EuroVisionary In Depth: 19 countries to sing in their native language

This year we are seeing quite an explosion in the number of countries who have chosen to sing in their native language at the Eurovision Song Contest. EuroVisionary look deeper into some of the reasons behind this. 

As usual all songs in the Icelandic selection was performed in Icelandic – and just as we were waiting for Iceland to present its English version to be used for the Eurovision Song Contest the broadcaster surprised us all by announcing that the song will also be in Icelandic for the contest in May. That many had not seen coming, but Iceland is just doing what nearly half of the participating countries are doing this year; singing in their native language.

For the 2013 contest a total of 19 out of the 39 entries will be performed in their native language which is equal to 48,7%. In 2012 this number was 38% and in 2011 it was all the way down to 25,5%. In 2010 the percentage was 38,5 and in 2009 it was 35,7.

Through many years we have heard the Icelandic broadcaster and others say that they prefer English for the Eurovision Song Contest as they believe that it is an advantage that more people can understand what your participant is singing about. But what has changed? 

There can be many reasons for the increased interest for singing in the native language, just as it might just be a coincidence. For quite some years most European countries have suffered from the global economical crisis, which is still not over. Many households use such a crisis to look inside and to focus on the values inside themselves and in the nearest family. If broadcasters do the same they might re-discover the charm about their own language. 

It might however be more than just charm, which makes a broadcaster decide to sing in their native language at the Eurovision Song Contest. If might be a calculation that the local market is more important than the chance for an international success which only happens to few. In many countries songs in the native language sells better than English versions by local names.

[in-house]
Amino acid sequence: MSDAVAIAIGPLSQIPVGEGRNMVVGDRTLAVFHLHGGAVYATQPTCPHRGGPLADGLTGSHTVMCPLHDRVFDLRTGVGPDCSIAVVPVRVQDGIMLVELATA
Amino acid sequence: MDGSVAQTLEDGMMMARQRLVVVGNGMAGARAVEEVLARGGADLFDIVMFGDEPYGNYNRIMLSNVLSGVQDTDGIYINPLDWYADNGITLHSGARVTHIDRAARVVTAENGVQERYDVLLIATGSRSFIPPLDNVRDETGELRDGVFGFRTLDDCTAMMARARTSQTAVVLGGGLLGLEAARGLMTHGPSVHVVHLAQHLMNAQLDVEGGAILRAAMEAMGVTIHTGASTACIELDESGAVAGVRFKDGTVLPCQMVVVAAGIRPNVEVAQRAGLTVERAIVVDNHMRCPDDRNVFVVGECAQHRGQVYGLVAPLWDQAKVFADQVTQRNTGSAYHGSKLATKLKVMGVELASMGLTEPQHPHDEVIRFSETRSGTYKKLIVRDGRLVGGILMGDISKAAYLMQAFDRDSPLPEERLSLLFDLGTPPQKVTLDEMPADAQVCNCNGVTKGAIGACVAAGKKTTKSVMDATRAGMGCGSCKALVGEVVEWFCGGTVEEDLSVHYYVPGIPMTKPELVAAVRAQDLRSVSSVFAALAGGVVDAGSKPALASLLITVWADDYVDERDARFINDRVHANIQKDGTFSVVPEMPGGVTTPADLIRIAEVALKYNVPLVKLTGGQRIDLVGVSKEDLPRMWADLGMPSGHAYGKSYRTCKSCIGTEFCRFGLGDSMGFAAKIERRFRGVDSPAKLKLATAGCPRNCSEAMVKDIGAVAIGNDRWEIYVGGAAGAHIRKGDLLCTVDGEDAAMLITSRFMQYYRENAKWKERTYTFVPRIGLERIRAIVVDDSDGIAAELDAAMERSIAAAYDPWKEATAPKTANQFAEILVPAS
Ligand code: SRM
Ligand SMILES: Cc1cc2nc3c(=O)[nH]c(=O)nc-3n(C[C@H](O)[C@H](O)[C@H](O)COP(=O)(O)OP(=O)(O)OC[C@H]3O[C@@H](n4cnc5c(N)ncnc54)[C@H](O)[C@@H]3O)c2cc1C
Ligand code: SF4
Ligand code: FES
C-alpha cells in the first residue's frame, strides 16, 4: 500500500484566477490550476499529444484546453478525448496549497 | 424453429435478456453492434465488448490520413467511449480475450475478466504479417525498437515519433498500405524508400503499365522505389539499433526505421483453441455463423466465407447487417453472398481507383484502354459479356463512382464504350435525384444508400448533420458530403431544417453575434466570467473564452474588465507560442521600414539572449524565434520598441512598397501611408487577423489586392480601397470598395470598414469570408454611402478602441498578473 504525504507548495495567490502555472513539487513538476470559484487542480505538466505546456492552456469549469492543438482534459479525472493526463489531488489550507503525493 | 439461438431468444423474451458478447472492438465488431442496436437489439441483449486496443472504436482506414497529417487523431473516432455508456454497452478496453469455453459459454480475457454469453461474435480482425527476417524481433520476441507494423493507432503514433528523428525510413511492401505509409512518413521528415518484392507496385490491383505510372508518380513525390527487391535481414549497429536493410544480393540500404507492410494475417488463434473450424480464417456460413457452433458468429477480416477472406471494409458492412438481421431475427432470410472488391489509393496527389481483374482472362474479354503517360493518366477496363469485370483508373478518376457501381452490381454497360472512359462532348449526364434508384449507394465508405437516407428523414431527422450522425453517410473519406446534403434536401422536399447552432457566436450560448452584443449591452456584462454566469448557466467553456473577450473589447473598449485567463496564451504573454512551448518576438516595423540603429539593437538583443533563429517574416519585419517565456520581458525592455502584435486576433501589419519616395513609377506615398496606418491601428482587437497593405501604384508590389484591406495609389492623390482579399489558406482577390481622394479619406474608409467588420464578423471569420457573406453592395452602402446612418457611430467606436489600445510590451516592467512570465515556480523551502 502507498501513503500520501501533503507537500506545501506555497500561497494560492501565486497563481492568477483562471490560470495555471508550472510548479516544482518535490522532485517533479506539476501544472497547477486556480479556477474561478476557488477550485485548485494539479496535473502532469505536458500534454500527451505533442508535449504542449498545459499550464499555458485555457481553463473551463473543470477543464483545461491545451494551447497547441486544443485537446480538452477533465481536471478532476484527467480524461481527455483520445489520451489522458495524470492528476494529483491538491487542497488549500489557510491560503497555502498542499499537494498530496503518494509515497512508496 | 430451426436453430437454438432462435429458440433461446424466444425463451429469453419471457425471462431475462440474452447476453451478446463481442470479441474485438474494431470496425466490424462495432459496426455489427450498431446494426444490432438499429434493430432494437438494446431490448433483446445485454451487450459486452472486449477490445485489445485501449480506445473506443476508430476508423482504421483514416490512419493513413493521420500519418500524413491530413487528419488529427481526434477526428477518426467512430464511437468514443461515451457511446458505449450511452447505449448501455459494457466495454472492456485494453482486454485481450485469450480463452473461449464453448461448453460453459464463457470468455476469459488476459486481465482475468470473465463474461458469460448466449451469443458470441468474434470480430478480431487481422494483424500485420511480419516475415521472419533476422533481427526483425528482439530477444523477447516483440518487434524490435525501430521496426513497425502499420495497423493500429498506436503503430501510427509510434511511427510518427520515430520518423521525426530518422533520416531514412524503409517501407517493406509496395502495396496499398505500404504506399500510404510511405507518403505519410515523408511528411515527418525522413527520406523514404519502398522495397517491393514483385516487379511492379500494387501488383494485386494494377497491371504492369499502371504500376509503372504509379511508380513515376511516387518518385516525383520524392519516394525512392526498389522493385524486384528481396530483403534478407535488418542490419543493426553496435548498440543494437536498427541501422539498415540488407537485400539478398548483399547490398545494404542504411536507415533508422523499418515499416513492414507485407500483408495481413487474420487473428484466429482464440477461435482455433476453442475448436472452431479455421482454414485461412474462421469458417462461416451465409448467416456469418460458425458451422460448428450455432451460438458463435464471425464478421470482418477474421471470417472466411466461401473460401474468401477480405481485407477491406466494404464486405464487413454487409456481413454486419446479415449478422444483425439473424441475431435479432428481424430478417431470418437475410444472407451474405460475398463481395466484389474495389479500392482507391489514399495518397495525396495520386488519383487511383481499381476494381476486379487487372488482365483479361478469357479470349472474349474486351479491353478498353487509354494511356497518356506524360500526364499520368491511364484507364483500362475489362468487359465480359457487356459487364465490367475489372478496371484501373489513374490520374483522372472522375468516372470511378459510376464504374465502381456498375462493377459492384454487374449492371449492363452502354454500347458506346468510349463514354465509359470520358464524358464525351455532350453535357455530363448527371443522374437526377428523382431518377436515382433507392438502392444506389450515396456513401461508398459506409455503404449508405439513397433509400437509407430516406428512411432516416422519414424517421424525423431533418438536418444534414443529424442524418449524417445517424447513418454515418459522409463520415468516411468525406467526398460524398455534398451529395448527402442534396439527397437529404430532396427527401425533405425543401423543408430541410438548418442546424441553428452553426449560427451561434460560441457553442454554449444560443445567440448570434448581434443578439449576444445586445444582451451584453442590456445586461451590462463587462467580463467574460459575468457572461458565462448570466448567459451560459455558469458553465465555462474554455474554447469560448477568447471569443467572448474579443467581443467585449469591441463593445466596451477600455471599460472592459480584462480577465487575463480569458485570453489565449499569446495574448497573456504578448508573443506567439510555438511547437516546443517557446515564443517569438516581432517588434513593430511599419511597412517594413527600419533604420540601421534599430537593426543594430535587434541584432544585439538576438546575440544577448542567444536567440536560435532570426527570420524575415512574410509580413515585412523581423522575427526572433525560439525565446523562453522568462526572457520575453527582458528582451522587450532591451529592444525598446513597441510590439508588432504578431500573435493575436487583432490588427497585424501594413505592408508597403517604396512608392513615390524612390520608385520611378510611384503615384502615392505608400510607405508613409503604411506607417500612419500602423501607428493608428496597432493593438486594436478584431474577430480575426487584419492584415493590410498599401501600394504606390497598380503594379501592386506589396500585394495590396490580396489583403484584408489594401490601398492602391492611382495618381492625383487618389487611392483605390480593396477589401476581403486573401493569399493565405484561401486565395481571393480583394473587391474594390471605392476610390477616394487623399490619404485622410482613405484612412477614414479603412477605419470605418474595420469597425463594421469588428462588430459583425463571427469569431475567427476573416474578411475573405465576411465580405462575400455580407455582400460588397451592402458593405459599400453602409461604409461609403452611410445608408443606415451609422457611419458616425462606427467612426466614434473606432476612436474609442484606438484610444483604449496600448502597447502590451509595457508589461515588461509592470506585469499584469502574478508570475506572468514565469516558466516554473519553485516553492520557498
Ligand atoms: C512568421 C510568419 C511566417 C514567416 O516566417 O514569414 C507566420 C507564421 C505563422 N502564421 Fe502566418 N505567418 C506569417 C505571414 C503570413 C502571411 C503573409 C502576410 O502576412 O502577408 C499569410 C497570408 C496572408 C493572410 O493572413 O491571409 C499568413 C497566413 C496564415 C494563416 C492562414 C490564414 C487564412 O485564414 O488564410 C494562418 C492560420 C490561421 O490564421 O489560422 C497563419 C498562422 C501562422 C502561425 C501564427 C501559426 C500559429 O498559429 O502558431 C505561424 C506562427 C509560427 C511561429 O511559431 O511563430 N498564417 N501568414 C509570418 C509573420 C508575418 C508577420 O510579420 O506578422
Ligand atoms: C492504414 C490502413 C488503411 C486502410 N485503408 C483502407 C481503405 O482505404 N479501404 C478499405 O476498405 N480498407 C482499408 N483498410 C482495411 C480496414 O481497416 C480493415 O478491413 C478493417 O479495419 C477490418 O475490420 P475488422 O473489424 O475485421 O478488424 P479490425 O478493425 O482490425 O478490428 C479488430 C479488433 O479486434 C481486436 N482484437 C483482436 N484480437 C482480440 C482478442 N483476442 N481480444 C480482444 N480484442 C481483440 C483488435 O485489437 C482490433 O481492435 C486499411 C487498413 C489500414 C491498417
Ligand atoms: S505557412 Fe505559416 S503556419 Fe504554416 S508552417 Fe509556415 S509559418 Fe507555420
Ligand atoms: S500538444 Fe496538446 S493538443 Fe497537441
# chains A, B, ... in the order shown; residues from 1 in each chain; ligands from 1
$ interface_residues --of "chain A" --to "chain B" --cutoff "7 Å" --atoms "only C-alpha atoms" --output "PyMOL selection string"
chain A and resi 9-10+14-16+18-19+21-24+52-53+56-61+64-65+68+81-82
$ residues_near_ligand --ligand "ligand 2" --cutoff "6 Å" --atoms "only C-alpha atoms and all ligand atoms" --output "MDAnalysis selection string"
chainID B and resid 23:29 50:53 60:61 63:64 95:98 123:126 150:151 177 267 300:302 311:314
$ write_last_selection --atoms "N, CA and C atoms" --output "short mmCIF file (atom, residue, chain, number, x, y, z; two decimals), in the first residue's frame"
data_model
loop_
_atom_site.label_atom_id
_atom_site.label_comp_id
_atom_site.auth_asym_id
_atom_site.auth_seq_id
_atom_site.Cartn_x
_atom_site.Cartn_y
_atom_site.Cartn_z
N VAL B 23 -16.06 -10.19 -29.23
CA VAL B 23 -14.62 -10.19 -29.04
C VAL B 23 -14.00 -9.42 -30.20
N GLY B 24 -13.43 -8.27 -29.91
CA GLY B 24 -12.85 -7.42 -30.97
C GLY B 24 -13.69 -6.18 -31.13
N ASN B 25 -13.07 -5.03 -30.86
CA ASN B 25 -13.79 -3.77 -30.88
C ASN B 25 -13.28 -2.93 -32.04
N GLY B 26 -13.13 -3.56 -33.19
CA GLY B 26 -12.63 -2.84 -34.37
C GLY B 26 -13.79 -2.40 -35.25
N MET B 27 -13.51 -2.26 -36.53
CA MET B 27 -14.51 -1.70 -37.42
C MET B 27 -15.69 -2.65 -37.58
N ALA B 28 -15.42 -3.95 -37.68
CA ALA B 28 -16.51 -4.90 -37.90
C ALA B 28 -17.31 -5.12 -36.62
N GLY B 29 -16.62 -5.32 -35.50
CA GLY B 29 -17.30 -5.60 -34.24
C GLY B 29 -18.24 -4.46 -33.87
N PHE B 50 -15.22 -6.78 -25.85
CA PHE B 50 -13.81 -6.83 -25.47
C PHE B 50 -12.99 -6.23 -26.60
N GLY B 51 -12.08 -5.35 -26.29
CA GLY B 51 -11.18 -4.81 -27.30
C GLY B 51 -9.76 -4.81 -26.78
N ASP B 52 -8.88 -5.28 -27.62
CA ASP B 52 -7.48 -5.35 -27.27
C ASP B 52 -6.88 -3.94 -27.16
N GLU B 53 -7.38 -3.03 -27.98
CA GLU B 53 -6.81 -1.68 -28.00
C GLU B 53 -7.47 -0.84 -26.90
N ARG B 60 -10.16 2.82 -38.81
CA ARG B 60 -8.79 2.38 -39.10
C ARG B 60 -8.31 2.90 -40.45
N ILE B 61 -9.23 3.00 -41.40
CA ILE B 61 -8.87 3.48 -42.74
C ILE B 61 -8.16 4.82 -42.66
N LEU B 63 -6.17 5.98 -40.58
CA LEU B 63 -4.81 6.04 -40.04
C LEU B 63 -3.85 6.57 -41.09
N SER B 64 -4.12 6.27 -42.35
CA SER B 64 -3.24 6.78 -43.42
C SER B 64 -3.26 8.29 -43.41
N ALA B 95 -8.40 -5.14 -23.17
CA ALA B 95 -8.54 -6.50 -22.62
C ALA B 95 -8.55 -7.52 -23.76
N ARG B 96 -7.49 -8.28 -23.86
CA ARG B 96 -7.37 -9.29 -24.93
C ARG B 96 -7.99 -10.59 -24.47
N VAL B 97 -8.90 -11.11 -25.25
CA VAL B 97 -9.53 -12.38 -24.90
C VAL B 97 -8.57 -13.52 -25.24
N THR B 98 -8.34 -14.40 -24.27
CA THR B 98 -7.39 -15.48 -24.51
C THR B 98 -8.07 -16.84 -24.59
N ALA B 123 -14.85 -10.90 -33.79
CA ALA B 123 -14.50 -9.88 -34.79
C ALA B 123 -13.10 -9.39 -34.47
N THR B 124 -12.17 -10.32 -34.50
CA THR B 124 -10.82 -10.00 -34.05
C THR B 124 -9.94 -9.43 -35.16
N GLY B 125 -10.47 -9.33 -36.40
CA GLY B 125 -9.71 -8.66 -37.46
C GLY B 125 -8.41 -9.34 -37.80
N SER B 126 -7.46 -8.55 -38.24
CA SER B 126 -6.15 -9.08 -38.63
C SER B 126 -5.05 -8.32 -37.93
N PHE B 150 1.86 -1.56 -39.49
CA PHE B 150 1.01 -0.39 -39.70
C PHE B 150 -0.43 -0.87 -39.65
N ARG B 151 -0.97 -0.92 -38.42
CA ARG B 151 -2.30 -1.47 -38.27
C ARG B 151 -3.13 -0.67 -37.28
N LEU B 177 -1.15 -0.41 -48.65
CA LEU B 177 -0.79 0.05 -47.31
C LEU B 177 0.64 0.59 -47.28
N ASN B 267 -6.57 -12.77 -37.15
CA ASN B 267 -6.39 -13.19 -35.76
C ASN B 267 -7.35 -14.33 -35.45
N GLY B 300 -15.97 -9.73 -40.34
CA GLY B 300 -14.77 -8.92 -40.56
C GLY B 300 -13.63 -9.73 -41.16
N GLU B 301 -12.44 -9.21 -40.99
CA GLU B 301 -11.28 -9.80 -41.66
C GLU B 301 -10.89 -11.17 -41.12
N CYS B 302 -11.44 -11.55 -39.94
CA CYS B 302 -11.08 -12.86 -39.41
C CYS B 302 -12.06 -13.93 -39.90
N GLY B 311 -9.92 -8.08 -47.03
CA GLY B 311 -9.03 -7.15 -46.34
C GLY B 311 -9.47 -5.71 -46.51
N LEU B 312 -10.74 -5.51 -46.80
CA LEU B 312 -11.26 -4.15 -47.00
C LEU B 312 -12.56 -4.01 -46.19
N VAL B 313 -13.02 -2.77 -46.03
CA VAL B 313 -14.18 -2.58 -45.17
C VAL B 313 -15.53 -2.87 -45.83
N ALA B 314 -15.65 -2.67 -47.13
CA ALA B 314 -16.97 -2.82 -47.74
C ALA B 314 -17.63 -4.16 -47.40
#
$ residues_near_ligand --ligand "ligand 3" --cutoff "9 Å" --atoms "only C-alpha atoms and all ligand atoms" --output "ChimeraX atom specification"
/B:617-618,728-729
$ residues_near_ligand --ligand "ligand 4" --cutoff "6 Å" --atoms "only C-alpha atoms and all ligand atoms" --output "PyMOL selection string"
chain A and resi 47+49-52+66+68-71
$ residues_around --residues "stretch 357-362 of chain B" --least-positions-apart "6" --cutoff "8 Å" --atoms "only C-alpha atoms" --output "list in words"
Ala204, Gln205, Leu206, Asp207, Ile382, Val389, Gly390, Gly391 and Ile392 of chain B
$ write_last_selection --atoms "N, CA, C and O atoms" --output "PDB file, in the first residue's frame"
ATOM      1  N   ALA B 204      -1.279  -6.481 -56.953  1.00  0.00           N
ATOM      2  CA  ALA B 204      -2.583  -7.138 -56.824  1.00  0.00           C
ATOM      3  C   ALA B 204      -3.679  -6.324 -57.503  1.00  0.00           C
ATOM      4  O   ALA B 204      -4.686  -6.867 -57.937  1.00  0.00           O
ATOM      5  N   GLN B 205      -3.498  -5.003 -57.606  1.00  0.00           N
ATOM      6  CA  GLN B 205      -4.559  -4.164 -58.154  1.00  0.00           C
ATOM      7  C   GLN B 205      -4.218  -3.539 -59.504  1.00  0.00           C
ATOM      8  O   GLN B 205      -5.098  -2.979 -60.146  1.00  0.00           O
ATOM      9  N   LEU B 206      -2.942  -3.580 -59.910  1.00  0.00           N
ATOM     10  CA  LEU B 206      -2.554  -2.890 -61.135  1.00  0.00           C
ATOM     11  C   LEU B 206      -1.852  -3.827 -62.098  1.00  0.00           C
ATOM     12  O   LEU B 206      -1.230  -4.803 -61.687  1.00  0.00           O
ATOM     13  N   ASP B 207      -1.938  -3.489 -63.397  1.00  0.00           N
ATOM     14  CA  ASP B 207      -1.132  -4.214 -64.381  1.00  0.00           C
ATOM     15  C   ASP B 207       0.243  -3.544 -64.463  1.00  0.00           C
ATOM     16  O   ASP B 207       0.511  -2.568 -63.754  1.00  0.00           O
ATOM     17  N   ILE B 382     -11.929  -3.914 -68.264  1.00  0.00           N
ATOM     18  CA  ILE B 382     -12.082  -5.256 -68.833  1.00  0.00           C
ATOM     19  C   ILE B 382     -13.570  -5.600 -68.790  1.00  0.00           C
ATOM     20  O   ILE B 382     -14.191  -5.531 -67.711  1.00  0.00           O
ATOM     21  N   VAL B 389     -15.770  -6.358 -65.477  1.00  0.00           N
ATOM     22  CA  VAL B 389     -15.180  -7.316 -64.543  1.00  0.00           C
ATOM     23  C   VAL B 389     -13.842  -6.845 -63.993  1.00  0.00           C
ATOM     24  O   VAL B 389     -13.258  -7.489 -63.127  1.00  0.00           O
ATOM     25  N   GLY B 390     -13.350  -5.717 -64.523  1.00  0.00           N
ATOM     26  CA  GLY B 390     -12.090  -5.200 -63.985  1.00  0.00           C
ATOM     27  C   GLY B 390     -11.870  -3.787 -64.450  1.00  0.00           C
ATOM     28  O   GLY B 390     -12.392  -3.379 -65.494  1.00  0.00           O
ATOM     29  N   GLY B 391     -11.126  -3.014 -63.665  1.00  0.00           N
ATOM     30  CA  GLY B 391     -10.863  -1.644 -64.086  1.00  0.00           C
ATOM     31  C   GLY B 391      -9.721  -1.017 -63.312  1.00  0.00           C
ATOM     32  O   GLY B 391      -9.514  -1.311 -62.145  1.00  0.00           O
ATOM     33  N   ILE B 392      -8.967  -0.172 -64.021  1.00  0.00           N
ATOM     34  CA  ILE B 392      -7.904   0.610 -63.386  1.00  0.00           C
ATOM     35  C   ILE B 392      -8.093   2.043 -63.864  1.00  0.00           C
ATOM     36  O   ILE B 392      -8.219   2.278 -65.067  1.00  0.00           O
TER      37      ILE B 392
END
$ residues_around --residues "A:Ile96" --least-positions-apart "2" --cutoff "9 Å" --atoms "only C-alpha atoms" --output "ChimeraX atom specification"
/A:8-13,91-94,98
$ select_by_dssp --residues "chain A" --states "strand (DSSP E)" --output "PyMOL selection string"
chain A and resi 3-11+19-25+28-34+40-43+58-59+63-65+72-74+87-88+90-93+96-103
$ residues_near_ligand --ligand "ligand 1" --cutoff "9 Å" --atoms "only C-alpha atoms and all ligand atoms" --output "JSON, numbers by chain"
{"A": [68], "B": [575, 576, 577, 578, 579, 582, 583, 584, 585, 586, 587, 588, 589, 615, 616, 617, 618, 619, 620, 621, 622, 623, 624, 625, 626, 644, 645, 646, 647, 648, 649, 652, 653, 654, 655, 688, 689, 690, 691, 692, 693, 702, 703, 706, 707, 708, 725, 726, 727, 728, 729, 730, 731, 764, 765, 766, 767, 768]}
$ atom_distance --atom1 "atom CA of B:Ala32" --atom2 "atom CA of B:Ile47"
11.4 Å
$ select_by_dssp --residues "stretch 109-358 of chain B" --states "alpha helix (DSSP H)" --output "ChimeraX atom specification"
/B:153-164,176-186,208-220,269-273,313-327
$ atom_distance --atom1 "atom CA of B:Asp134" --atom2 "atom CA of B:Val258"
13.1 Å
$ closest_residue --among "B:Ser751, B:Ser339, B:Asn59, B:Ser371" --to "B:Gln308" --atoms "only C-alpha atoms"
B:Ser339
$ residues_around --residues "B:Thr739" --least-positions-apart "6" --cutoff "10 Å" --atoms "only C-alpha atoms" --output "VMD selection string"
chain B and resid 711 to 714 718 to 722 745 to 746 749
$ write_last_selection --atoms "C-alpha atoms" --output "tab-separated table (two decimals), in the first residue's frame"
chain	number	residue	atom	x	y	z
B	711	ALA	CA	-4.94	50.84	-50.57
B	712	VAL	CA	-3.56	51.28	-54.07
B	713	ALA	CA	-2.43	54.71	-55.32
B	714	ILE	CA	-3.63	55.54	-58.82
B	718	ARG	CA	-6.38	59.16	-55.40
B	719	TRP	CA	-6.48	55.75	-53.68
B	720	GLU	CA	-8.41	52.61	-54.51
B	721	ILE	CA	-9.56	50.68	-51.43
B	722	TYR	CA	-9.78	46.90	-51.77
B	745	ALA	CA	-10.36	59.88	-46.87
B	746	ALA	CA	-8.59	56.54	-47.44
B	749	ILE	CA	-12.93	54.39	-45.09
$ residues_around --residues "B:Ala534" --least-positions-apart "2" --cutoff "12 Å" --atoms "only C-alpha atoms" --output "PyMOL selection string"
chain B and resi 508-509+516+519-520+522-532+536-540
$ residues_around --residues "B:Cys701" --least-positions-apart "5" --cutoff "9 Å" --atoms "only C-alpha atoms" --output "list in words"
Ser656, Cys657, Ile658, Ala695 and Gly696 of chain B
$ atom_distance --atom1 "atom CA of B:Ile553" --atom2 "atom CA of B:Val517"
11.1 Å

There can also be political reasons behind the choice of the native language over English. With many of the participating countries being a member of, or closely connected to, the European Union, which is considered to be quite in crisis at the moment, some countries are afraid of losing too much of themselves. In order to compensate they become more nationalistic on the areas they can still control. Such an area is the Eurovision Song Contest.  

This year we have even seen an unusual case from Moldova. Aliona Moon won the national final with a song in English, A Million, but it has afterwards been decided that on stage in Malmö she will sing it in Romanian with the title O Mie. This happens rarely. The last example of this way of swapping language goes back to 1998 where Lars Fredriksen won the national final in Norway with the song All I Ever Wanted (Was You). Before the song reached the Eurovision Song Contest final it had been changed to be in Norwegian and given the title Alltid Sommer. Back then we however still had the language rule that said that all countries should perform in their native language and as such the Norwegian change was necessary, where as the Moldovian situation this year is by own choice.

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Source: EuroVisionary
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